The ASPCA has dedicated a whole month to raising awareness of the advantages of adopting a senior pet. So, let it be known that November is “Adopt a Senior Pet Month."
I know…it’s hard to ignore those cute little fur balls of puppies and kittens. And there is something to be said for raising a pet from infancy and watching all the amazing developmental stages as the animal grows. But caring for those adorable wee ones is WORK!
Chewing up shoes, tearing apart pillows and furniture, gnawing on table legs, and figuring out the house-breaking business can be frustrating and stressful. And if the human doing the training is past middle age, it can also be exhausting.
But you do not have to give up on welcoming a companion animal into your home just because you feel that puppies and kittens are too much work. There are many wonderful older animals looking for forever homes, and unfortunately, they are usually the last to be adopted.
The website firstvet.com has compiled a list of benefits of loving a senior pet.
*Older animals are already housetrained. Senior cats have years of experience using the litter box, and older dogs have mastered the best way of asking to go outside.
*Minimal training is required. They probably already have mastered the art of walking on a leash, they can perform basic commands, and they try to avoid things that will get them into trouble…like knocking over the garbage can.
*Most have moved past the destructive phase. There’s less worry about your senior dog or cat tearing up the furniture or snacking on your favorite shoes.
*Their personalities have already developed. You know what you are getting, and there is little guesswork figuring out if your potential adoptee is compatible with your family and lifestyle. What you see is what you get!
*Senior pets require less exercise. If you’re looking for a less-active pet, a senior dog or cat may be just for you.
What constitutes a senior pet? According to firstvet.com, most cats and dogs are considered to be seniors at the age of seven. However, there are so many variations in breeds, sizes, and genetics that the ages of dogs and cats may be difficult to figure out. Life expectancy is determined by breed, size, and overall health. Check with your vet for more help.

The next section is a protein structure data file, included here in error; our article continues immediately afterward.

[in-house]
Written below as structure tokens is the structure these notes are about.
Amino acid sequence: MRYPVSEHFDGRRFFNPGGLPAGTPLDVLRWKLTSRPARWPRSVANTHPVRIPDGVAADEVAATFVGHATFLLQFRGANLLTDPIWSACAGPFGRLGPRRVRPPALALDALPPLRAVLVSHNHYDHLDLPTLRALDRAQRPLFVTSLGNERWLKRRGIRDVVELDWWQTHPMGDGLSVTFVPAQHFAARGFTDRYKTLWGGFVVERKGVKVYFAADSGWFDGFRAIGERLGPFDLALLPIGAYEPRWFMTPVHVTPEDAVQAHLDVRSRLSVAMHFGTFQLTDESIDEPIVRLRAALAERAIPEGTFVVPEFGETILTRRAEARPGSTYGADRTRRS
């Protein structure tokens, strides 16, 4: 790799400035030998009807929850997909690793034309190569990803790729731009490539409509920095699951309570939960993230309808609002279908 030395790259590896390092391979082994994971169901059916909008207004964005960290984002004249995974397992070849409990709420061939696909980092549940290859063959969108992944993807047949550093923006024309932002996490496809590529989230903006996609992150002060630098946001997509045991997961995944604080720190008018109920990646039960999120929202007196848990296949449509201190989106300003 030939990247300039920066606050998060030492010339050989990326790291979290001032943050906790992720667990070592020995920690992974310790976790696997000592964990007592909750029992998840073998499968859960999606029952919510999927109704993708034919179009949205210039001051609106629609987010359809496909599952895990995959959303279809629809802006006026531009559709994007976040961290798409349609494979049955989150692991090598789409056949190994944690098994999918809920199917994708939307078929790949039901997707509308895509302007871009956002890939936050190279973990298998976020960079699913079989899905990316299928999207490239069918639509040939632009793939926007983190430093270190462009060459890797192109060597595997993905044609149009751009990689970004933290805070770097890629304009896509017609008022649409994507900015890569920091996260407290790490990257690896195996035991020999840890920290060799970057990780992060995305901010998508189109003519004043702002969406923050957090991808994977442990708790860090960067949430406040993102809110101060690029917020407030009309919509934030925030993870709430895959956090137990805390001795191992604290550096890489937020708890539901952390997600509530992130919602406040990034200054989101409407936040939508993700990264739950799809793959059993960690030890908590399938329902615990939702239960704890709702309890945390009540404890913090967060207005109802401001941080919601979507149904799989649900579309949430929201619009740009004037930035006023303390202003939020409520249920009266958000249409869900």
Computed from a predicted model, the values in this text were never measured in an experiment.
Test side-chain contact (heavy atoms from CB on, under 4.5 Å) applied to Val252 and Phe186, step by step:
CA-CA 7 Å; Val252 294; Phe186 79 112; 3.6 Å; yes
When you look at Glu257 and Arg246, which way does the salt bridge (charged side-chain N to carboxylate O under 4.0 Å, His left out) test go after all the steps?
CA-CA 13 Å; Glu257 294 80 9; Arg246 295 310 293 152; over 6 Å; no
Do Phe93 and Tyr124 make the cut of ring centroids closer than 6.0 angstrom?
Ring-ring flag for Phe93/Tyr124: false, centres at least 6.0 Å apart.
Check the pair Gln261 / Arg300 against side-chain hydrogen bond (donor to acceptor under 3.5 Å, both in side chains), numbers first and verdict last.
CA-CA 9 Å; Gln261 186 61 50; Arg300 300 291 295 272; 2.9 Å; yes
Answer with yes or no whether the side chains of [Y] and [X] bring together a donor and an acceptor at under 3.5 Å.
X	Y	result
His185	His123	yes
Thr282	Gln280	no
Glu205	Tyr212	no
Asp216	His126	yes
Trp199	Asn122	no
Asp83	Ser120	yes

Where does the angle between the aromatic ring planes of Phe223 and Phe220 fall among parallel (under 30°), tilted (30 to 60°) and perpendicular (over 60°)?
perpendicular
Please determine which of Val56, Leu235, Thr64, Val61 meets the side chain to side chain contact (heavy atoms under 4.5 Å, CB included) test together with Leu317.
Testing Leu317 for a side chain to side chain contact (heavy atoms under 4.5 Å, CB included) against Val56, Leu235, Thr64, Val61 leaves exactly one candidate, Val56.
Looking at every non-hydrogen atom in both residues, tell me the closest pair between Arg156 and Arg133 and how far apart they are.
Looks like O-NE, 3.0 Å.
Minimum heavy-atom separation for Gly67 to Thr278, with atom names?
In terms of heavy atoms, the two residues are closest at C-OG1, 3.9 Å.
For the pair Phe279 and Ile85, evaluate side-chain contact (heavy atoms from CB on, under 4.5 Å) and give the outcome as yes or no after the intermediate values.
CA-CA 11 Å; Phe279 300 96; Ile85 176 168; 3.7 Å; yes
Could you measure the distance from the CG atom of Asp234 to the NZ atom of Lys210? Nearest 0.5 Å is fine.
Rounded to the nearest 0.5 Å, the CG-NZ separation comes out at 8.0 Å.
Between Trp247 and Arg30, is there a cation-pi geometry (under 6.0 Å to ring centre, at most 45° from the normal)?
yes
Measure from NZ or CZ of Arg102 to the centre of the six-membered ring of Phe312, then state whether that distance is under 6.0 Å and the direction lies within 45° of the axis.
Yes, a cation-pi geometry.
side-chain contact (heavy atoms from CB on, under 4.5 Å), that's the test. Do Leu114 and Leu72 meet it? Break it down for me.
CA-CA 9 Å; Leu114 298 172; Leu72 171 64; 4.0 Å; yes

Like most shelters across the country, the Beatrice Animal Shelter cares for many senior dogs and cats. Currently, there are no senior dogs in the adoption program. There are, however, two beautiful cats that qualify as seniors.
“Snow” is a handsome all-white male who came into the shelter as a stray. His age has been guess-timated at around eight years. Snow has been neutered, microchipped, and vaccinated and would love to have you stop by to meet him.
“Sunday” is a pretty Calico who is also somewhere around eight years of age. She may have some balance issues, but she gets around just fine. According to shelter staff, Sunday is a sweet, loving girl who would make a wonderful companion. She, too, would love to meet you.
Did you know?
If you decide to adopt a feline friend this month or if you have a cat or two in your home, you may be interested to know this little bit of trivia I found on my Workman Publishing “Page a Day” calendar of cat facts.
“Your cat needs constant access to clean, cool water, both indoors and outdoors, especially if her diet consists mostly of dry food. Water is absorbed by fiber in the intestines and helps dilute urine.
Vets also say it’s important to keep your cat’s water and food apart – this is because cats have evolved to keep food and water sources separate to avoid water contamination. And you thought it was just because your kitty was finicky. Who knew? She’s smarter than you think!
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